Long trips covering great distances and many miles are not unusual for students at Maine Maritime Academy, but usually those trips are taken by boat or ship.
While most of their fellow students were returning home for Thanksgiving break, the Mariners’ men’s and women’s basketball teams were flying across the country to the opposite coast to take part in the third installment of a first-ever, cooperative annual tournament involving the maritime academies in Maine, New York and California.
“It all started three years ago and we hosted the first one two years ago,” said MMA women’s basketball coach Craig Dagan. “It involves California Maritime, SUNY Maritime in New York and us plus another team to fill in the four-team field. This year, Coast Guard got involved and it was California’s turn to host.”
Even with soaring energy costs in late summer and fall making the trip to San Francisco more and more expensive, cancellation was never really an option.
“It was a pretty expensive trip, but the presidents had committed to it,” said men’s coach Chris Murphy. “Cal Maritime had already come east two years in a row, so there was never any question that we weren’t going to do this.”
Most expenses were covered by the school, but both teams raised extra funds through raffles and concession sales to cover the cost of “extras” like a cruise to Alcatraz; stops at the Golden Gate Bridge, Fisherman’s Wharf, and the University of California campus in Berkeley; and a bus tour of San Francisco.
“Overall, I think the trip was a marvelous experience for everyone involved, including the coaches,” Murphy said. “I think it strengthened the bonds between the men’s and women’s teams and their support of each other. From the basketball side, we didn’t play particularly well at first, but we accomplished some things.”
There were other intangible benefits as well.
“I think from a recruiting standpoint, it helped,” Dagan said. “Kids love it when they hear they’re going to California and that we have a trip planned for North Carolina next year.”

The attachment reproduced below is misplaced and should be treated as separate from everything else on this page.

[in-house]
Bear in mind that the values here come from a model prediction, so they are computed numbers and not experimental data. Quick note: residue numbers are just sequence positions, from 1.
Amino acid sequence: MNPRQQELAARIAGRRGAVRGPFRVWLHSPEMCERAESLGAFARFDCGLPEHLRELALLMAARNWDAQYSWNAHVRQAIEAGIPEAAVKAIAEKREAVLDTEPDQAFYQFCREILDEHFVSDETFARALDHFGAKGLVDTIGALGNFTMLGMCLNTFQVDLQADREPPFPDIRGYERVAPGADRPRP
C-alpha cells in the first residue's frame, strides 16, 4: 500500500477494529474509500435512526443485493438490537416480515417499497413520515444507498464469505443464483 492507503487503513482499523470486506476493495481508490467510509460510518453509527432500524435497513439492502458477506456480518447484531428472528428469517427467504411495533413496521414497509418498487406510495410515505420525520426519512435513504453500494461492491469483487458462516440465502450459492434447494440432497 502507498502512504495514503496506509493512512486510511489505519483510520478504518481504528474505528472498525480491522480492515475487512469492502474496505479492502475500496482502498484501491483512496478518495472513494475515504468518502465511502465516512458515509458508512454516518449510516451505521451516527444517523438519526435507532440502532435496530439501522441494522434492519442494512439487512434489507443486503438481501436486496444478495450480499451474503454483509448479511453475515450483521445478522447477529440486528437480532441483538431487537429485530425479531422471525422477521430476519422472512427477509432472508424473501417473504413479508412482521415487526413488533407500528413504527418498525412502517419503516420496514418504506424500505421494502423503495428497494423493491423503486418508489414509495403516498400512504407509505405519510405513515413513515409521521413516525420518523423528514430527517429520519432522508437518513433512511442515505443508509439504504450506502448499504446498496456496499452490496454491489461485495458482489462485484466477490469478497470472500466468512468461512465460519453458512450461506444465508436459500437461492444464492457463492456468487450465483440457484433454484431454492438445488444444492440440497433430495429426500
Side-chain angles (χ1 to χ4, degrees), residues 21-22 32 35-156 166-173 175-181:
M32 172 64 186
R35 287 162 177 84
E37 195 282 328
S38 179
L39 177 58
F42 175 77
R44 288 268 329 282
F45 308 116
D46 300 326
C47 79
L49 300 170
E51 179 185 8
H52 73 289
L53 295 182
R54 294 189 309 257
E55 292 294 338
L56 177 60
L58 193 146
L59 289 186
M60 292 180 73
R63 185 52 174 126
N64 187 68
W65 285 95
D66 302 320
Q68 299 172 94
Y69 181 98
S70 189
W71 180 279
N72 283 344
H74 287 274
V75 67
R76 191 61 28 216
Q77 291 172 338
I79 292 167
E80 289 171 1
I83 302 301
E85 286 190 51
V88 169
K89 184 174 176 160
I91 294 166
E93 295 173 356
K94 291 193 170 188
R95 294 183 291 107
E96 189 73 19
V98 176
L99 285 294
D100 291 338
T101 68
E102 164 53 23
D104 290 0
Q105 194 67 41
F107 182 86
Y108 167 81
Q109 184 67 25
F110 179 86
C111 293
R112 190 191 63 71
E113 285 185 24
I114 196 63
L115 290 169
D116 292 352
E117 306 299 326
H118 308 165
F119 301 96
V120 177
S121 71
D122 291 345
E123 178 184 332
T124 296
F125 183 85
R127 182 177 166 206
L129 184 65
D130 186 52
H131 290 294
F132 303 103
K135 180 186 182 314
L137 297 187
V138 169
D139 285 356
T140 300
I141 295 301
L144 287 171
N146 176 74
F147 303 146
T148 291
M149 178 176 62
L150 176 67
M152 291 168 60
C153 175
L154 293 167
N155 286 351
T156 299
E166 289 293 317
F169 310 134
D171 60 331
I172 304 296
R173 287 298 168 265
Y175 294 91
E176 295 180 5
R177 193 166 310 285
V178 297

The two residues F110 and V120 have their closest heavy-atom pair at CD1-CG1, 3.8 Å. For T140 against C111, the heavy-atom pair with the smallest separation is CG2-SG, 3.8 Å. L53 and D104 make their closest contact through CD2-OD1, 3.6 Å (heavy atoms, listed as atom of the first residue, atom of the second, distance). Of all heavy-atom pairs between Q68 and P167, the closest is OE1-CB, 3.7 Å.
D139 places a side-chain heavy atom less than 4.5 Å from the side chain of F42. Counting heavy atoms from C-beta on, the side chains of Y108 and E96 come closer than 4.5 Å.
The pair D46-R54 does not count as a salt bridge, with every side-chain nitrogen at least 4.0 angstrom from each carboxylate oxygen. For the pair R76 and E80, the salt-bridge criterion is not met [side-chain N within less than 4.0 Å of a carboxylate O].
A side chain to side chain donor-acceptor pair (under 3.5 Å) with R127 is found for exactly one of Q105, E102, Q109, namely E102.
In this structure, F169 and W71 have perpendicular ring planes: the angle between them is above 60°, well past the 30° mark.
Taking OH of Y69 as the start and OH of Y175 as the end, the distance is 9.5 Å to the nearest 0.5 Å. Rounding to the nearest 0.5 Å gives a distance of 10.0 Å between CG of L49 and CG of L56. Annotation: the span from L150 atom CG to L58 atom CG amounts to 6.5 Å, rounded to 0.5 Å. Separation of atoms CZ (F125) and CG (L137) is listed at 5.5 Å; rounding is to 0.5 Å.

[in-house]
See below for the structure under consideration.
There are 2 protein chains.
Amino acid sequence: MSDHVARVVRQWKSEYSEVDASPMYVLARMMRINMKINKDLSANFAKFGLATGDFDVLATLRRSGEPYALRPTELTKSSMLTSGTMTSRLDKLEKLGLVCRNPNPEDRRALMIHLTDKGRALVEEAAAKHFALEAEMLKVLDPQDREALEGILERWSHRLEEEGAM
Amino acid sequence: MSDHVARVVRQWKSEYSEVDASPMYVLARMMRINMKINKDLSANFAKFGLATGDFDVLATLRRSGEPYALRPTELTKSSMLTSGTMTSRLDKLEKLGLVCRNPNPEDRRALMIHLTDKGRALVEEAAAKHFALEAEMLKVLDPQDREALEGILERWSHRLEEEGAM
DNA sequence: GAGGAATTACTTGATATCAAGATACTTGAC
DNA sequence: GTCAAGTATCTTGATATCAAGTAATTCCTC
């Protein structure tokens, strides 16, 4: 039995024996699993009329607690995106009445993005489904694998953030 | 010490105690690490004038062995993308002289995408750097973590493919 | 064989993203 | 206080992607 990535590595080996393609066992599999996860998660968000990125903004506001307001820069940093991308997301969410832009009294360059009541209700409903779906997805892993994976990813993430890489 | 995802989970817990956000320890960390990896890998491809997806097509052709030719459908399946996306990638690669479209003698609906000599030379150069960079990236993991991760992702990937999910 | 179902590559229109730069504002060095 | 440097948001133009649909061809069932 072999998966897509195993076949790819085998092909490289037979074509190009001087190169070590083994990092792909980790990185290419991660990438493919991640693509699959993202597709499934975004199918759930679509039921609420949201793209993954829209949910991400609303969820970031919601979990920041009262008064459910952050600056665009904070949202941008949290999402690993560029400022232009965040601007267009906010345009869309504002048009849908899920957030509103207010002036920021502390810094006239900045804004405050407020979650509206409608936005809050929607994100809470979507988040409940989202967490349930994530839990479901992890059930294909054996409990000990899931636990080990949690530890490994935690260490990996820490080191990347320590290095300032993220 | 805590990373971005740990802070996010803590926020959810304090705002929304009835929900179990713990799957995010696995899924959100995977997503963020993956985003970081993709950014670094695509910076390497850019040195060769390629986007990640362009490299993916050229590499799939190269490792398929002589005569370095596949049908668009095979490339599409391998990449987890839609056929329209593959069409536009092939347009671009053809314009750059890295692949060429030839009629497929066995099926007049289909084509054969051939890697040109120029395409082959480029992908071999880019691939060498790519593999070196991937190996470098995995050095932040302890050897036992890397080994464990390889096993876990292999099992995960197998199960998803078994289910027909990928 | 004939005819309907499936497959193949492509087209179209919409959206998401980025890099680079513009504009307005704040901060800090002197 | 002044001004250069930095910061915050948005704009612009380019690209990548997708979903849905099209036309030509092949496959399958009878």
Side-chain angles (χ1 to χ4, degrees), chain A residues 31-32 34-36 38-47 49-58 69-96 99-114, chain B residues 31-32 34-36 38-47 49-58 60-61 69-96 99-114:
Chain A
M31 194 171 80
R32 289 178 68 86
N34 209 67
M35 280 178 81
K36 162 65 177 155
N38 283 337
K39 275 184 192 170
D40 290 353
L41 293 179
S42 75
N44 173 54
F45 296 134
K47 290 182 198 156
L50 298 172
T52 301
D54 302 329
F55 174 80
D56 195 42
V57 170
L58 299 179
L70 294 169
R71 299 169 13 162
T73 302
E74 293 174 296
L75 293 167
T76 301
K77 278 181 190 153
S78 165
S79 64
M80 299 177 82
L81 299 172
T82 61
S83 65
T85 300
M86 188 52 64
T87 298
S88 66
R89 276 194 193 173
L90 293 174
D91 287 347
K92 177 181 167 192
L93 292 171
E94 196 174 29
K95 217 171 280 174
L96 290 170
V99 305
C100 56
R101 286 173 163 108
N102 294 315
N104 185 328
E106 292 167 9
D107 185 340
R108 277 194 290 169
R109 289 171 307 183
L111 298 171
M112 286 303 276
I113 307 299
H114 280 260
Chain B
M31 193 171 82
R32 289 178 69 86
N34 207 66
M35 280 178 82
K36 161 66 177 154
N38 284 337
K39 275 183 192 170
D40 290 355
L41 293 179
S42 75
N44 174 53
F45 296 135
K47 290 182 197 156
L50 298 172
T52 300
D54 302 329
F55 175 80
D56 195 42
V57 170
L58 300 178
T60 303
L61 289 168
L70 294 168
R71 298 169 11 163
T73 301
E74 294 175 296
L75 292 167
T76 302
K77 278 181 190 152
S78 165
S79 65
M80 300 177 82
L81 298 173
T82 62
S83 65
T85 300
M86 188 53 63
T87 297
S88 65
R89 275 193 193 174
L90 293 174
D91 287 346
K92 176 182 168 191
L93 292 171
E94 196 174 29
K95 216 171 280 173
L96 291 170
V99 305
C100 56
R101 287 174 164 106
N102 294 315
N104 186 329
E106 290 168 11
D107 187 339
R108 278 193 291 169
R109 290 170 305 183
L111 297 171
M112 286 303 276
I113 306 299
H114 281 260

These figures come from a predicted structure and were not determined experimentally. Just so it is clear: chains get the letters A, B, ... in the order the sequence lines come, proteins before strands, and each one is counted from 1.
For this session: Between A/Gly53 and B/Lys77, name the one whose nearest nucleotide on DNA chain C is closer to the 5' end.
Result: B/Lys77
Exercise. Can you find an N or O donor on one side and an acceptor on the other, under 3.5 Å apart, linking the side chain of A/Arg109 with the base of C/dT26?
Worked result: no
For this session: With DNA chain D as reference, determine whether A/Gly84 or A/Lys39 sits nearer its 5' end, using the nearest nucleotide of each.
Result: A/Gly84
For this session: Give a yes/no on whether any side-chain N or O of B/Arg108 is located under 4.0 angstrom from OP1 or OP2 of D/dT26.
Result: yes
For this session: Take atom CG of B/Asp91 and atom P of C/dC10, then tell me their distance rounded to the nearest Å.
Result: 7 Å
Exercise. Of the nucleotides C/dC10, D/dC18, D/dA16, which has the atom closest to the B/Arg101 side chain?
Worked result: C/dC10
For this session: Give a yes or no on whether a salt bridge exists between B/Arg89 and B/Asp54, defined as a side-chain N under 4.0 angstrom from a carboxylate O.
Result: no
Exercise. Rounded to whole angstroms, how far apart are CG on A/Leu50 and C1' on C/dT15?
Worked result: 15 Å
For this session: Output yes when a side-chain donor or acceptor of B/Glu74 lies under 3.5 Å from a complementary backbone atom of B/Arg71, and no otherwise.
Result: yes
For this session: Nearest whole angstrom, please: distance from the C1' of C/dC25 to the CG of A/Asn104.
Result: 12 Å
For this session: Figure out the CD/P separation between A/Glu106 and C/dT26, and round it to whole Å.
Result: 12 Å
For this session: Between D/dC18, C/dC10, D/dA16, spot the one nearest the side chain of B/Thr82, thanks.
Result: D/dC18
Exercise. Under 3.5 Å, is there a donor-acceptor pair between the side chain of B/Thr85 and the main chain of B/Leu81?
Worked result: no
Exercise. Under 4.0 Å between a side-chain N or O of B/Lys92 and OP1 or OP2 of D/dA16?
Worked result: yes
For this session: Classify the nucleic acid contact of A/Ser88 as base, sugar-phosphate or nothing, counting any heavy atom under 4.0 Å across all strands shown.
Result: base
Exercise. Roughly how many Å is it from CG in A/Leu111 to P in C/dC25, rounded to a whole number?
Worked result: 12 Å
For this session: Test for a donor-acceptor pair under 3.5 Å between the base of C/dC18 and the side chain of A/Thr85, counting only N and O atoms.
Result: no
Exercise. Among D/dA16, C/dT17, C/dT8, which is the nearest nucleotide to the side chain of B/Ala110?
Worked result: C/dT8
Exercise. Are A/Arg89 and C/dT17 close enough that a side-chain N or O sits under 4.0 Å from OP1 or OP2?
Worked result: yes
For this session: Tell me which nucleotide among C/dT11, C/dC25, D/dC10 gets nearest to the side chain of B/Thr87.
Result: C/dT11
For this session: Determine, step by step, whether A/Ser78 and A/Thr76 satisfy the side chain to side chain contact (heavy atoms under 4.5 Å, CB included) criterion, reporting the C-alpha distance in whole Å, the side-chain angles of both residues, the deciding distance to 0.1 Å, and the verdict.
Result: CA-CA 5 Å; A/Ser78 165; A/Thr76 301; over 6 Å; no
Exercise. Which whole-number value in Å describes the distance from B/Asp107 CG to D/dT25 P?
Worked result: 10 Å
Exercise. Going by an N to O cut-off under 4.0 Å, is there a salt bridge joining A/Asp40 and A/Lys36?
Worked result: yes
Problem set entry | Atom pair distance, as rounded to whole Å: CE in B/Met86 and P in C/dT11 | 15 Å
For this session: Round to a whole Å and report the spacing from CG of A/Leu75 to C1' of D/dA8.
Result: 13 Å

The two-day, eight-game tourney took place in time for the players and coaches to return home, or at least to their home away from home in Castine, for Thanksgiving.
“When we came back, we had six days off from basketball with Thanksgiving break, so there was plenty of time to recover and get over the jet lag,” Dagan said.
Neither coach believes the reciprocal trip will be repeated in the near future but hopes it won’t be a one-and-done arrangement.
“We’re already looking at alternative trips on our schedule next year and I think, because of the economy, it will be very hard to move entire teams that distance,” Murphy said. “I’d like to do it again, but maybe if we wait a few years, we can cycle it back up and do it again. It’s another way to keep the maritime academies close.”
The 6,000-miles-plus trip certainly seemed to bring teammates and coaches closer.
“I think I can honestly say this is probably the nicest group of young men I’ve ever had the opportunity to work with, and I’ve been coaching at the college level for over 25 years now,” Murphy said. “Just to spend some time with these guys and get to know them a little better while watching them interact with each other was very rewarding for me.”